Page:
EDIT: For typos and to add that two others above clearly have the same concerns and got in before me!

        1. Chris 239

          Re: Not just smart plugs!

          Unless you stand there watching your shiny iThing charging for however long it takes I don't see the benefit of an off switch on it on safety grounds.

          OTOH I often wonder what standby power they consume - probably very very little but x a billion or so and it's probably a decent sized power station worth.

  5. Neil Barnes Silver badge

    If you have an alexa

    and it's plugged into a smart socket, will it turn itself off when told to?

    I think the second law trumps the third...

    1. Anonymous Coward
      1. Captain Hogwash

        Re: If you have an alexa


  6. big_D Silver badge


    I don't currently have any Internet of Tat stuff, but when I set up my network, I dedicated an extra VLAN for IoT devices. It has its own SSID and it has only access to the Internet, no access to the other VLANs, just like the guest network.

  7. MJI Silver badge

    Are these certified?

    Can they legally carry BS1363?

    All my plugs and sockets are decent ones and chargers are NEVER left powered up

  8. Doctor Syntax Silver badge

    "It appears the latter sentence means your email address is transmitted to TP-Link's servers without encryption"

    Whether or not its encrypted is a secondary concern. What do they do with it when they've go it?

    1. Pascal Monett Silver badge

      They sell it, of course. Why do think they put the thing on the market ? For their customers ?

  9. DrXym Silver badge

    More money than sense

    I could see the benefit of a smart plug / light to simulate activity in a house for anyone who is away and wants to give the appearance that it is occupied.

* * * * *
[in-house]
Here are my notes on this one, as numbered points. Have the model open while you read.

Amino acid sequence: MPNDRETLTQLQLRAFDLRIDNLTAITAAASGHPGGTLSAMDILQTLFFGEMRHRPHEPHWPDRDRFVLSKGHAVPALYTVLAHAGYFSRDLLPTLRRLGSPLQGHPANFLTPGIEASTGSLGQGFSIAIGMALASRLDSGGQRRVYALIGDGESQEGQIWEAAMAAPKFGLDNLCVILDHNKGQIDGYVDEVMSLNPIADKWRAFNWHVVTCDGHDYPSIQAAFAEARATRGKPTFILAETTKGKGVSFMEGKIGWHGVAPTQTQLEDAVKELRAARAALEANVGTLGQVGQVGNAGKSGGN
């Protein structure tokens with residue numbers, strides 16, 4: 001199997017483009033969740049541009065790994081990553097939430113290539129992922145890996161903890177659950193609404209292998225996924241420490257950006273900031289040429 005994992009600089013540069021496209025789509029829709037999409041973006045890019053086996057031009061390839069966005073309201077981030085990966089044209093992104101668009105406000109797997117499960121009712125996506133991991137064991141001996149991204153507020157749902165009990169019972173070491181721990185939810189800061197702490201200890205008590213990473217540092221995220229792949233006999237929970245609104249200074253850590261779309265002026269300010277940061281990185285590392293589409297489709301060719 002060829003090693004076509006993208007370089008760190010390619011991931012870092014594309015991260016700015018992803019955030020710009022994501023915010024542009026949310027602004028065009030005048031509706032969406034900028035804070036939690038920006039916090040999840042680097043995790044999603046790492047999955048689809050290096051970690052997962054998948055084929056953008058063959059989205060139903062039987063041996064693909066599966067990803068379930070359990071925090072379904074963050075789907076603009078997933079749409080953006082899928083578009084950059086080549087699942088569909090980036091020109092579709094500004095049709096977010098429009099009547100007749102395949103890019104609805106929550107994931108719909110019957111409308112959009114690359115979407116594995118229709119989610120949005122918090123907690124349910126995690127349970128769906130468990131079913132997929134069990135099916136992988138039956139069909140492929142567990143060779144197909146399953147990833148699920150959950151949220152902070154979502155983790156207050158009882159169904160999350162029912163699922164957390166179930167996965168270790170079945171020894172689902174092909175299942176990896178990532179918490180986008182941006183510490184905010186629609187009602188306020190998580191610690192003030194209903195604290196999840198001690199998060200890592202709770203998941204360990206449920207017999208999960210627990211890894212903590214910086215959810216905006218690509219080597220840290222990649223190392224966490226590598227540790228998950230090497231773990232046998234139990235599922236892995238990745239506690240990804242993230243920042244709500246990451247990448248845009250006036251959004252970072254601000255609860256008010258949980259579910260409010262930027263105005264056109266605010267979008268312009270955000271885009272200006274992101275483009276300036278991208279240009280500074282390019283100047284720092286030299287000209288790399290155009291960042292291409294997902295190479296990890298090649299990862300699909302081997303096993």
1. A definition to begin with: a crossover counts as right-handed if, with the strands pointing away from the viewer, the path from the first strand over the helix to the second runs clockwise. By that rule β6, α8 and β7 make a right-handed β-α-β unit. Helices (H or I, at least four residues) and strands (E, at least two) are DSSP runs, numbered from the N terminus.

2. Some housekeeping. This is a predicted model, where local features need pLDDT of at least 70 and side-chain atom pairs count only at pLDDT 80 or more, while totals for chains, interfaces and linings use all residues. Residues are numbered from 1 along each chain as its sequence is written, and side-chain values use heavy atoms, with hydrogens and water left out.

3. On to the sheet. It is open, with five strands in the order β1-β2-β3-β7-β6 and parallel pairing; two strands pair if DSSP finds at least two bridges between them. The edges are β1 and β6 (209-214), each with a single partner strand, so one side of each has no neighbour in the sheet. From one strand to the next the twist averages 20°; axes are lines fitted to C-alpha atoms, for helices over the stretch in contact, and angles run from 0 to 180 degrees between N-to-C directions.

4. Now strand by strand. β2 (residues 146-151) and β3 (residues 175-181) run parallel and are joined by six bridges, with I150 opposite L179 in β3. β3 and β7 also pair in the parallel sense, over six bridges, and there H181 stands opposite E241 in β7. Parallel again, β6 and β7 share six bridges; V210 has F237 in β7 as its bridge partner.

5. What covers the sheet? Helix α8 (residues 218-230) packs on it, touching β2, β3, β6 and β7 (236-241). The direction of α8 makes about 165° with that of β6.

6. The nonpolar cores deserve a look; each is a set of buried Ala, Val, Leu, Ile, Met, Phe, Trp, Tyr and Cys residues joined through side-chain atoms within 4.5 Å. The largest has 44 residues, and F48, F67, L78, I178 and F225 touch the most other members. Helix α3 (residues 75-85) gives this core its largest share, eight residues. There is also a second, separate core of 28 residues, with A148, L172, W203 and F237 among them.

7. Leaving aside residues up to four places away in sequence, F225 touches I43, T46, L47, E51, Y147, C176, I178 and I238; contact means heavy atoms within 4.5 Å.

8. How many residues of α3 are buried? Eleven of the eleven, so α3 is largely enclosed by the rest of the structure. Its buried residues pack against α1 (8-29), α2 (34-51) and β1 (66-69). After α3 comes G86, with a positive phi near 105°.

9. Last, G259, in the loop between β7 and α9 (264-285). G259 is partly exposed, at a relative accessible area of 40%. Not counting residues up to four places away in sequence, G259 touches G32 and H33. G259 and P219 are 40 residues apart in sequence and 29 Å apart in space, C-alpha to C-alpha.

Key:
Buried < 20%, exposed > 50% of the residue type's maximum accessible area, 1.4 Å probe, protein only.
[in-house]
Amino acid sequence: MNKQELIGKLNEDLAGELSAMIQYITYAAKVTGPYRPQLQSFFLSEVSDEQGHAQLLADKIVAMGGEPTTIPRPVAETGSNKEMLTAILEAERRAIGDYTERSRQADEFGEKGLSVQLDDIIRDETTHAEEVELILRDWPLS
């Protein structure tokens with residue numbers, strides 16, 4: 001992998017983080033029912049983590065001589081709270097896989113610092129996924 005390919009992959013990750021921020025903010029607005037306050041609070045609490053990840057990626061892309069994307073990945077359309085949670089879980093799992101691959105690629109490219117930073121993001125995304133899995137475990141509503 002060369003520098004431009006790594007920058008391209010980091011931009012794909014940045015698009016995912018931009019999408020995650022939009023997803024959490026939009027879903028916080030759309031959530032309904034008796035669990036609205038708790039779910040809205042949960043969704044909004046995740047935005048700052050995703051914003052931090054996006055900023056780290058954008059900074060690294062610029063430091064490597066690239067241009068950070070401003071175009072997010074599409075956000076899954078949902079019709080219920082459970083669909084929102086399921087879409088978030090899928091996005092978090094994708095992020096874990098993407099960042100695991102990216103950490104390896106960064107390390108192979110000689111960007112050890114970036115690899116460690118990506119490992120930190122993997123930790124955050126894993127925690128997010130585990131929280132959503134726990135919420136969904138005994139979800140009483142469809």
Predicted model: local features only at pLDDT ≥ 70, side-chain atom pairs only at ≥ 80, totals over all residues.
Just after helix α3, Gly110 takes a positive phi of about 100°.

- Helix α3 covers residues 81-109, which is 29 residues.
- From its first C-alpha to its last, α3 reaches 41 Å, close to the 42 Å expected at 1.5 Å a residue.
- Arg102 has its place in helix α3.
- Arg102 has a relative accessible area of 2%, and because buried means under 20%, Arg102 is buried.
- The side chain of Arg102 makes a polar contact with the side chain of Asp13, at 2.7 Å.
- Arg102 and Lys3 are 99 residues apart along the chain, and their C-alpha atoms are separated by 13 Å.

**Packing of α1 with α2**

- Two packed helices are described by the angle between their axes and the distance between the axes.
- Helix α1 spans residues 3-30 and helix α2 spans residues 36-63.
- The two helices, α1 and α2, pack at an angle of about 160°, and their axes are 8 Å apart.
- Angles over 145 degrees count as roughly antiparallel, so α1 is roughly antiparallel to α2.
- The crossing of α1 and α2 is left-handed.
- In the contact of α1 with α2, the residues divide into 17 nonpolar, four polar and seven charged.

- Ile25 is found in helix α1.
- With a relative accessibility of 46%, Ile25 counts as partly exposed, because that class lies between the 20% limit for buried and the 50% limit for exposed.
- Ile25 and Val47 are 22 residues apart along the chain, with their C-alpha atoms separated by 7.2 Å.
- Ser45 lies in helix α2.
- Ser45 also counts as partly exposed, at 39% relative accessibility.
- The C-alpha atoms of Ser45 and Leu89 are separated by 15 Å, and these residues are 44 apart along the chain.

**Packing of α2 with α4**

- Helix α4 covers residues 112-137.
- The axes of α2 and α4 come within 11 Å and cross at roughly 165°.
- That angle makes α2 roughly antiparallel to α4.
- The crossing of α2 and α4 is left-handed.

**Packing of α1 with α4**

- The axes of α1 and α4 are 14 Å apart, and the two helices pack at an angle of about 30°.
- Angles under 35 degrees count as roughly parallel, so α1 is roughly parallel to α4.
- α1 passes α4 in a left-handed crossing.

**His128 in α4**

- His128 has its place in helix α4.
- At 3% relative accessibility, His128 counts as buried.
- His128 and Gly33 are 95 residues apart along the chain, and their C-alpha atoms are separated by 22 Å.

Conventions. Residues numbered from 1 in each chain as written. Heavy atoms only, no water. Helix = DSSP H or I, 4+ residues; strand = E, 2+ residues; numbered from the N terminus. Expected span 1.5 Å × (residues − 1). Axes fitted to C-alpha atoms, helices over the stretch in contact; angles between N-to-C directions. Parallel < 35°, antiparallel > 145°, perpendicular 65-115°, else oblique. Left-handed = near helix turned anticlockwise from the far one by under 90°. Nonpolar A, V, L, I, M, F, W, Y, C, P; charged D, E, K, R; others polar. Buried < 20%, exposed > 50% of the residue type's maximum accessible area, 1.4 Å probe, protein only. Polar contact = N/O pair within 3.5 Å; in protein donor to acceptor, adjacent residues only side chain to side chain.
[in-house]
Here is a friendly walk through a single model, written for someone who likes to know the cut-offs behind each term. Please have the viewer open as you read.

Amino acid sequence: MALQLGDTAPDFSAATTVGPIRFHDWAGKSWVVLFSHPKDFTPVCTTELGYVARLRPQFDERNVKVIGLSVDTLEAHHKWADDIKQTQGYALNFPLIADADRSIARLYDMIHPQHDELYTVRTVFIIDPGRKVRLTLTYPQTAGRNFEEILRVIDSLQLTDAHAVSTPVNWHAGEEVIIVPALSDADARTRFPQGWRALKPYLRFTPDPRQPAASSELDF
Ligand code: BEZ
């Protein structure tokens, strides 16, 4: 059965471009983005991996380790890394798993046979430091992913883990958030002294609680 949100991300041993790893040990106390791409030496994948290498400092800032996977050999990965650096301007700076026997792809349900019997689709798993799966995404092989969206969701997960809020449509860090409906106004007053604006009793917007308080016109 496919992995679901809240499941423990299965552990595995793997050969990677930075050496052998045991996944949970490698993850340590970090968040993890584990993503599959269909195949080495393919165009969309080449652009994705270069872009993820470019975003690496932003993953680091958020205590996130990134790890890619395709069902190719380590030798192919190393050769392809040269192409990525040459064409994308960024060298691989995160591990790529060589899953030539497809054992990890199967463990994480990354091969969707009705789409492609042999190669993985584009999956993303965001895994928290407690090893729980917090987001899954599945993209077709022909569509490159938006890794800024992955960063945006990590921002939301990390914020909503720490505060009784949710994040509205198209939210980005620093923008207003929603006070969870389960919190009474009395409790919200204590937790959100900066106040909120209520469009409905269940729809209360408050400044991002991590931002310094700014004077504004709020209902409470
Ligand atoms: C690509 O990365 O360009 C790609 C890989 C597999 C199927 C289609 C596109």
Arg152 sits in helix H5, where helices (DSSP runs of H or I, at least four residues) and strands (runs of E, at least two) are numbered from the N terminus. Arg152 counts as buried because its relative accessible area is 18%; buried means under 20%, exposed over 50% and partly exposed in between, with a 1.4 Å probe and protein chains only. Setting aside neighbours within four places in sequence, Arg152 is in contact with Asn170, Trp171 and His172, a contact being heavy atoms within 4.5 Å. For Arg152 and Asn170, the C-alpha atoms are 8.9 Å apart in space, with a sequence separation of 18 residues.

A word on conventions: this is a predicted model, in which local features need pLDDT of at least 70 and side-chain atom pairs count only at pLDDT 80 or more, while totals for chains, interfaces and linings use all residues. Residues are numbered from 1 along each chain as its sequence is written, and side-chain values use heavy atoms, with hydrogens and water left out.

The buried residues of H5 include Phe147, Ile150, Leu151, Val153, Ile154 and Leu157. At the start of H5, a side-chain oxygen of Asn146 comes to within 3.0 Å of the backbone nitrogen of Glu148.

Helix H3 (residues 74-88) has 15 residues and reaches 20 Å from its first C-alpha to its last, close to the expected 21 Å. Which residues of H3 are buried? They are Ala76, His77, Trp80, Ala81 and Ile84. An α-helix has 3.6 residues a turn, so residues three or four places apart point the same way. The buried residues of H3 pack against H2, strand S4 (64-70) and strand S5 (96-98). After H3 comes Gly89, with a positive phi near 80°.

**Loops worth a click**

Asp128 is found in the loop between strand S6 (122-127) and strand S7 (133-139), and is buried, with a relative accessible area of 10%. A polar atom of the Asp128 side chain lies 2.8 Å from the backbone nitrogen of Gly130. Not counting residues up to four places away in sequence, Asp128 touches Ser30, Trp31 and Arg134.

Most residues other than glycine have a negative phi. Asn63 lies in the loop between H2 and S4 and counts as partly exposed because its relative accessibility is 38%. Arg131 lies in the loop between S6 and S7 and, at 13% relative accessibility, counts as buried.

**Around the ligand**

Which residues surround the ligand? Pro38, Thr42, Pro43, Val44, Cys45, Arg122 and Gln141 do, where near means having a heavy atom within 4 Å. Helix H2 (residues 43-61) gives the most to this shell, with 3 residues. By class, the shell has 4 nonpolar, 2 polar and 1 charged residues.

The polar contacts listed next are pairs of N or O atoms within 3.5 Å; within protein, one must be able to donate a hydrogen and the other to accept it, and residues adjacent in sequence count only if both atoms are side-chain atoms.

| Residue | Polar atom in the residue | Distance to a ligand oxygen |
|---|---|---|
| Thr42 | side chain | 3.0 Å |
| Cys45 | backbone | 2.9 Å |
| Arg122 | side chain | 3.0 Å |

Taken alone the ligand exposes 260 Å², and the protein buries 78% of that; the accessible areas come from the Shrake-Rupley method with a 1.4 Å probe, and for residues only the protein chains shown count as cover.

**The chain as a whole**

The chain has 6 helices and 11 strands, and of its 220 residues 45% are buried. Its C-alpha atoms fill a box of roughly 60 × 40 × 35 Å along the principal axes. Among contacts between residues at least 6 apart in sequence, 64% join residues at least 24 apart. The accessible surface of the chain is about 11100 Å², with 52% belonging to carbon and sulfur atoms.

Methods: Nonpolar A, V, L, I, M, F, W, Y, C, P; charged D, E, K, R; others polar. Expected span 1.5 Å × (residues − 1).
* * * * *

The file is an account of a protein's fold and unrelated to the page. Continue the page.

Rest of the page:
I absolutely do not see any day to day purpose in decking out a house with smart plugs / lights. It wastes power, wastes internet, invades privacy, lessens security and costs a fortune. All because someone is too fucking lazy to turn on a switch even though they're probably stood by it.

    1. Anonymous Coward
      Anonymous Coward

      Re: More money than sense

      I totally agree. Anyway, what was wrong with burning torches? Last forever, provide excellent light and can be used to ward off marauding zombies?

    2. Anonymous Coward
      Anonymous Coward

      Re: More money than sense

      I use a TP-Link Kasa to control my house heating. I send it on/off commands from a cron job on a pi. And I really like the fact that it has next to no security and doesn't need to phone home.

      I'll bet your central heating is more complicated and more expensive.

    3. John Brown (no body) Silver badge

      Re: More money than sense

      "I could see the benefit of a smart plug / light to simulate activity in a house for anyone who is away and wants to give the appearance that it is occupied."

      Or an even cheaper timer switch. No need for "smart". Most modern timer switches will let you set many on/off times for specific days, weekdays, weekends and even random on/off times during a defined period. I think mine was a tenner a few years ago.

  10. WaveyDavey

    I think El Reg should adopt the terminology used by Youtuber aVe (an amusingly potty mouthed, very smart canadian engineer). It is not "electricity", rather it is "angry pixies" what provide the scootch to the thingummy.

    1. cawfee
    2. Pascal Monett Silver badge

      And we all know the importance of the scootch.

      All hail the scootch !

      1. Uncle Slacky

        What, *this* Scootch?

  11. Fazal Majid


    The first thing you do with smart plugs is replace the manufacturer's spyware with the open-source Tasmota firmware that is cloud-free. Unfortunately, that won't protect you from electrical engineering flaws in the device.

  12. Morrie Wyatt


    Kudos for the Catweazel reference.

    1. KBeee Silver badge

      Re: Touchwood.


      1. Uncle Slacky

        Re: Touchwood.

        Elastic Trickery.

  13. Blackjack Silver badge

    From the Internet of things...

    To the Internet breaks things...

  14. Anonymous Coward
    Anonymous Coward